Posted on 14 Feb 2017 by Lyndsey Stoodley
The first time in surfed in Noosa I took advantage of a free rental opportunity and took a big foam board from my hostel, lugged it down to the beautiful main beach and into the crystal clear, warm water. It was to be the only time that I ever surfed alone in Noosa. Not because I had gone earlier than everyone else, or had travelled far to a remote spot, or was the only one stupid enough to miss a shark warning, it was simply so small a wave that nobody else bothered to acknowledge it as a wave. It was only my size and the size of the board which enabled me to catch any of the ripples that were coming through at all. When the waves in Noosa are more than half a foot high, the points are packed out around the coastline, the surfers resembling an oil slick or algal bloom, hugging the rocky outcrops, sitting patiently, sliding effortlessly to the beaches, then moving back around to join the queue to go again.
While it was in no way epic in the way surf stories tend to be, that first surf in Noosa made a big decision for me. I was travelling at the time and wasn’t sure what to do but lying on my board that tiny evening I realised that I really liked small waves, big boards, and this place. I set about finding work once back at the hostel and ended up making Noosa my home for 4 months. After a brief stint as a bus driver, I worked in a beachfront bistro, lived in hostels and share houses, earnt some money and made some great friends. I also spent a lot of time in the water and on the beaches.
I bought a scooter and a surfboard which made getting to the beach much easier and more flexible. This did also produce some sketchy moments, however. Like the time the board rack came loose and sent my board swinging horizontally into the road, or the time I dropped my bike cos the rack had shifted and I couldn’t put my foot down, or the first time I was able to take the board out early (no longer relying on hostel buses) and I went to a new spot and got dragged over the oyster beds. I had a few scratches that bled so much that I looked more like a run in with a shark than brush with some mollusc. I could go on but the point is I could go surfing every day and, more often than not, I did. I would wear my surf gear, throw something long sleeved over it. Put on some closed toe shoes (sensible scooterer) and zap the 10 minutes over the hill into the national park. I’d often park near a koala, or just by other scooters like mine. I’d hide my key in my shoe, cover it with my long sleeves, unclip my board and away I would go. It was the best, so convenient and easy. I could go anywhere, I was pretty fit and I was getting a bit better at surfing and understanding the area.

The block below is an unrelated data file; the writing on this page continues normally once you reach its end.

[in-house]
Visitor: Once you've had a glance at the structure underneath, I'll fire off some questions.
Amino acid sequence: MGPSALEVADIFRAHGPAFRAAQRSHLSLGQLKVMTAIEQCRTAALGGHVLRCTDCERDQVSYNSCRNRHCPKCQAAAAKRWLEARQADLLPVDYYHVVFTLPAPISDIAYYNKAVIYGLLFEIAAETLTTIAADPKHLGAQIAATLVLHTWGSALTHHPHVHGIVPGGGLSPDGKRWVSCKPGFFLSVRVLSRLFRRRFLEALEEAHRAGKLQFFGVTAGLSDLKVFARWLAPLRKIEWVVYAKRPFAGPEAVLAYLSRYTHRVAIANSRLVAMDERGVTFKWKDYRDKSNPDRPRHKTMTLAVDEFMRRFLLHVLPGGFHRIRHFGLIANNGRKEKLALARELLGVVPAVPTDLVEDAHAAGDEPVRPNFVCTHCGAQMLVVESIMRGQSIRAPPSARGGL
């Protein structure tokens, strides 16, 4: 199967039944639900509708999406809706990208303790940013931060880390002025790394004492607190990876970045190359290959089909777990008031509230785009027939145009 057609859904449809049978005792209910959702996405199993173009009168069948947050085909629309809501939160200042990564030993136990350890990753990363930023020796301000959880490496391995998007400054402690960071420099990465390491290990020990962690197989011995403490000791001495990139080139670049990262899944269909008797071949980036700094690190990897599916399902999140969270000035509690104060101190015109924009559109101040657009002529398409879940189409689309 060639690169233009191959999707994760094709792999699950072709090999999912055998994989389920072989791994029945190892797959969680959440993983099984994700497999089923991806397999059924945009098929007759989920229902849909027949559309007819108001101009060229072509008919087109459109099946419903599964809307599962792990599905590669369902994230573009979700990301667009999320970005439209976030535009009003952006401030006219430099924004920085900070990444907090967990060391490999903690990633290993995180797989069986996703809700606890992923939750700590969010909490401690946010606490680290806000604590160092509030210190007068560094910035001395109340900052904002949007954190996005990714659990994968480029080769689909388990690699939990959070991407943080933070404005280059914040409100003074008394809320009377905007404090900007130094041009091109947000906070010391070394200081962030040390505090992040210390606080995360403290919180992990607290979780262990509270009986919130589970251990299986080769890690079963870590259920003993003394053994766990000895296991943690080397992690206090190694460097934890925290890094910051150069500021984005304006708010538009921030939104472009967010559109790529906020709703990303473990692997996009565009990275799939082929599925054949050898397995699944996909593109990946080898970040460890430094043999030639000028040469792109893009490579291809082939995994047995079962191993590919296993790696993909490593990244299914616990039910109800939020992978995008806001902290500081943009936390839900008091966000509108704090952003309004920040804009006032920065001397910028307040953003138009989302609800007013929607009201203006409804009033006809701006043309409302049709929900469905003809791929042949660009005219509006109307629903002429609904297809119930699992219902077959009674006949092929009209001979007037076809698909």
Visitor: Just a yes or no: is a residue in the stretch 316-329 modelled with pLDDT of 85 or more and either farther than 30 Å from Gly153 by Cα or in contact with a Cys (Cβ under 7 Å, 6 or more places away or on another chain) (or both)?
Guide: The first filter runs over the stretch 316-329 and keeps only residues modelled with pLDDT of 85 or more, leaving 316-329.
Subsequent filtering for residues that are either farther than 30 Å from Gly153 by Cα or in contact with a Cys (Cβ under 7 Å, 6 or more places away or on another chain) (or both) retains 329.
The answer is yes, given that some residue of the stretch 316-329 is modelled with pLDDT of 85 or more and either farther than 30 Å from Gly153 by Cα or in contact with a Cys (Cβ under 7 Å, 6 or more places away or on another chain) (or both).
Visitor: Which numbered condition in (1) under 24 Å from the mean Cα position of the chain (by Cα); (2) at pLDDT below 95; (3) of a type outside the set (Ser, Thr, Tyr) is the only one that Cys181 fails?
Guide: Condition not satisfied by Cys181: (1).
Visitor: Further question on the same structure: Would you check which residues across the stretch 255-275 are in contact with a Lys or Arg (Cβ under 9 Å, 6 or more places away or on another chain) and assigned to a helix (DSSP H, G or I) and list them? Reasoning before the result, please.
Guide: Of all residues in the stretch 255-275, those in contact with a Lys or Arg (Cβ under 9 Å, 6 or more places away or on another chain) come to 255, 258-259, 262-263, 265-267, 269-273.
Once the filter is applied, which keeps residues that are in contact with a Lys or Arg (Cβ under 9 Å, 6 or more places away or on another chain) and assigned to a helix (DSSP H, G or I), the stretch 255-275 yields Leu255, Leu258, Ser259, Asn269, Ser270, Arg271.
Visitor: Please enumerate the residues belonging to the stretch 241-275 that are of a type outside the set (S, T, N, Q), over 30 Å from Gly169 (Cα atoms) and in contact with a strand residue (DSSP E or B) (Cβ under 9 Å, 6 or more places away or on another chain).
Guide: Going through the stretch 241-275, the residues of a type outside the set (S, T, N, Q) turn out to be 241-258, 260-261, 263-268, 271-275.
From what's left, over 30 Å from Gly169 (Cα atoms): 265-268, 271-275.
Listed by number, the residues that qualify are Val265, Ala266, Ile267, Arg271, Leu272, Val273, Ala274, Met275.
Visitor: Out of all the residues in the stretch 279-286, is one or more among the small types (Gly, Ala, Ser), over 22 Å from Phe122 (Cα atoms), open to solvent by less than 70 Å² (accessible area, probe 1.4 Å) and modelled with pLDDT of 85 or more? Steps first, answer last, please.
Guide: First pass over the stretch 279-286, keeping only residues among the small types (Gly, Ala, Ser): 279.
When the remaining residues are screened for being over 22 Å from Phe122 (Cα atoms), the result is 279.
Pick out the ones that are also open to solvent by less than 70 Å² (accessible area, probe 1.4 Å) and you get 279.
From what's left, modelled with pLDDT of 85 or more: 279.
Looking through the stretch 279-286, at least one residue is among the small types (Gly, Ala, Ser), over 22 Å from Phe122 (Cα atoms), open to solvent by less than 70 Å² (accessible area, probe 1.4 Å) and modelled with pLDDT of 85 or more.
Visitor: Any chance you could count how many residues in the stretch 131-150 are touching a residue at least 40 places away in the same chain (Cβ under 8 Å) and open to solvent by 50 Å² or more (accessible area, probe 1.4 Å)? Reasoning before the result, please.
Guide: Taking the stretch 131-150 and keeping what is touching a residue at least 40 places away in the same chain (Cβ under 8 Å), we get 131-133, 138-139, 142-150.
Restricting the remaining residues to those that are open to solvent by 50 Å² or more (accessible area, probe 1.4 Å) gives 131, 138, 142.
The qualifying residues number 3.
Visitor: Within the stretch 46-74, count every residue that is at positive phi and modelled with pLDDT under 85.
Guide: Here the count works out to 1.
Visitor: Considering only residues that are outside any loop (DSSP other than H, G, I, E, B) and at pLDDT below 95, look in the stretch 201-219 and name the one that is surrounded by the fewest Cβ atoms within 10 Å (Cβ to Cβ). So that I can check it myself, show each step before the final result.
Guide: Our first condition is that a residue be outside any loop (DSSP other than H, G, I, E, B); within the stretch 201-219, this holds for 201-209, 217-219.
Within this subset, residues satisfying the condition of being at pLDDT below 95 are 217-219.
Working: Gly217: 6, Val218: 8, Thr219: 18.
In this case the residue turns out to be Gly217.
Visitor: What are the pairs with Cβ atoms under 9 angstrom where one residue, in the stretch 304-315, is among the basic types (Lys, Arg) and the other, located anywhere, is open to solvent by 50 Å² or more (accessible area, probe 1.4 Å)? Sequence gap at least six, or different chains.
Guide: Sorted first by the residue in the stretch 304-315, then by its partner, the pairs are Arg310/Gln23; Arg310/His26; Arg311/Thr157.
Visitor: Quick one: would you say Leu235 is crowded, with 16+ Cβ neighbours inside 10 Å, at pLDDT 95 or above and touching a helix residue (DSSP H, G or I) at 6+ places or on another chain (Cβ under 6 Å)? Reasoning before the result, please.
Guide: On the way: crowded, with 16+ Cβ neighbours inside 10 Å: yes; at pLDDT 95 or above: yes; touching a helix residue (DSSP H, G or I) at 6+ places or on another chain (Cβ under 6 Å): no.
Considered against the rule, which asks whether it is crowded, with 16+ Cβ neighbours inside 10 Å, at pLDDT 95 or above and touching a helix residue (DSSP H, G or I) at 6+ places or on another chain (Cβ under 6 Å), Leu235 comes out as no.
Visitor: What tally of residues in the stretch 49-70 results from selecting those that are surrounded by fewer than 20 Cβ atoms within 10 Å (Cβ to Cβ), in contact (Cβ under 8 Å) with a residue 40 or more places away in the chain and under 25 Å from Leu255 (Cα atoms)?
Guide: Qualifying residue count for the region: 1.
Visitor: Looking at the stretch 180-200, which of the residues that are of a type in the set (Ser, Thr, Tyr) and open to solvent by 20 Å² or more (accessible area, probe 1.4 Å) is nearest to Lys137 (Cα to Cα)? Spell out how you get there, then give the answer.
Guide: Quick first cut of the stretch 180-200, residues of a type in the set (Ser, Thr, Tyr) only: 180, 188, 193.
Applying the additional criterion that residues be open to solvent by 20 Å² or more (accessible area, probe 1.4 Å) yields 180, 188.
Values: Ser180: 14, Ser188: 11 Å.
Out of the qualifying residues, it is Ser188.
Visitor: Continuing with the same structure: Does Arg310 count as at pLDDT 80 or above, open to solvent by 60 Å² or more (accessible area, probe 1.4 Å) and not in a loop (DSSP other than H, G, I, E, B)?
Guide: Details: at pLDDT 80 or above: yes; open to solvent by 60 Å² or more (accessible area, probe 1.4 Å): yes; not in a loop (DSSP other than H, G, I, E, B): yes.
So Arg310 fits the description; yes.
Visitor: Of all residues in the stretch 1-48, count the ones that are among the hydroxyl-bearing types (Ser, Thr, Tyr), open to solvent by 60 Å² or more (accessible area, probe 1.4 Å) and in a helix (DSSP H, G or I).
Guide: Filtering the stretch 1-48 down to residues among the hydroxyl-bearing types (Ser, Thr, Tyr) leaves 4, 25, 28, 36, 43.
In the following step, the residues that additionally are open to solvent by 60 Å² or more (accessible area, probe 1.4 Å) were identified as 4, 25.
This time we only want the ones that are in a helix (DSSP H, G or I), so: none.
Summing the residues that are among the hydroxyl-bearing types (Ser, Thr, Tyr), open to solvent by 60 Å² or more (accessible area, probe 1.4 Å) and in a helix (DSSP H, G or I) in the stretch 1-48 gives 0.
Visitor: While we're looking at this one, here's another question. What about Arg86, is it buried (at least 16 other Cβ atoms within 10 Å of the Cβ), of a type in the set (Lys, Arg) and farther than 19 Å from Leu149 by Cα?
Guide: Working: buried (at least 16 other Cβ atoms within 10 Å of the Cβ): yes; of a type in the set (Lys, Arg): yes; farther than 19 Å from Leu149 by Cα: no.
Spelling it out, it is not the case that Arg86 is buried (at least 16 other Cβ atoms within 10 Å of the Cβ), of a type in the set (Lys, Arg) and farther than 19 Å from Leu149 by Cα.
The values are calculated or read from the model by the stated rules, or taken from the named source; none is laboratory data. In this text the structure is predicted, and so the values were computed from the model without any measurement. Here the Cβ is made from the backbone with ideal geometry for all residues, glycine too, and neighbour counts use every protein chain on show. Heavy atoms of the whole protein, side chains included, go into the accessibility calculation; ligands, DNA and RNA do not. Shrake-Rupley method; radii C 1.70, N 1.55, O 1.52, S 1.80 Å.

In a hostel I ended up semi living in, I became part of something which I suppose was a kind of short term surf gang- a small group of us who would get in the water whenever we could. We were all backpackers and none of us were great surfers; we were really good at enjoying ourselves though, and we’d often seek out the worst surf in the area. This was so that there were fewer people to get in the way of and more space to enjoy our surroundings and our situation; a place and time which was more free and more fun than any I can other remember.
Later I would also go surfing with some more experienced surfers; colleagues from work who lived in Noosa and other tropical paradises. This was nice and I learnt a lot. Including that I should be much pushier in a crowd; I also learnt however that I don’t mind sitting in the water for hours waiting for a wave, watching everyone else have theirs. So not much improvement was made on this front.
Each time I’d go out I’d see or notice something extra. We’d see turtles, jellyfish and even dolphins. The sky at sunset was often full of the most wonderful colours and the scenery was spectacular, both in the national park, and the other beaches in Noosa. Sometimes, on small days, when it was quiet, the old locals would give us a few pointers to help us improve, “see that step over there? paddle for that first and then go the other way”. Other times everyone in Noosa would be in the water- from 4 year olds who already surf better than I ever will, to 84 year olds who are still doing things right. There was little time for small talk in times like these. it was always more intense when the crowds picked up and I never really got to grips with it; something I’m still struggling with now.
The waves though are built into life in Noosa. From beginner friendly white water at the main beach groin, to mellow Little Cove which is full of longboards and ladies, round to Boiling Pot, Granite or Sunshine Beach with their respective rocks, huge paddle outs and rip currents that are not for the faint hearted, there is a wave for everyone. So, everyone seems to try to catch their wave.
Surfing often shapes how people plan a day, week or even career and this was clear in Noosa. Hospitality was huge so the working week is shifted, people woke up early, tourists came to visit, backpackers got trapped by all that it had to offer. When the waves were working, the car parks were full and there was an excitement in the air.
I recently visited the town again. It’s still beautiful, it’s still busy and surfing is still the main attraction. Without my gang, and my beat up old board though I didn’t feel I needed to battle the crowds so I sat on the rocks and watched it all unfold through nostalgia tinted sunnies.
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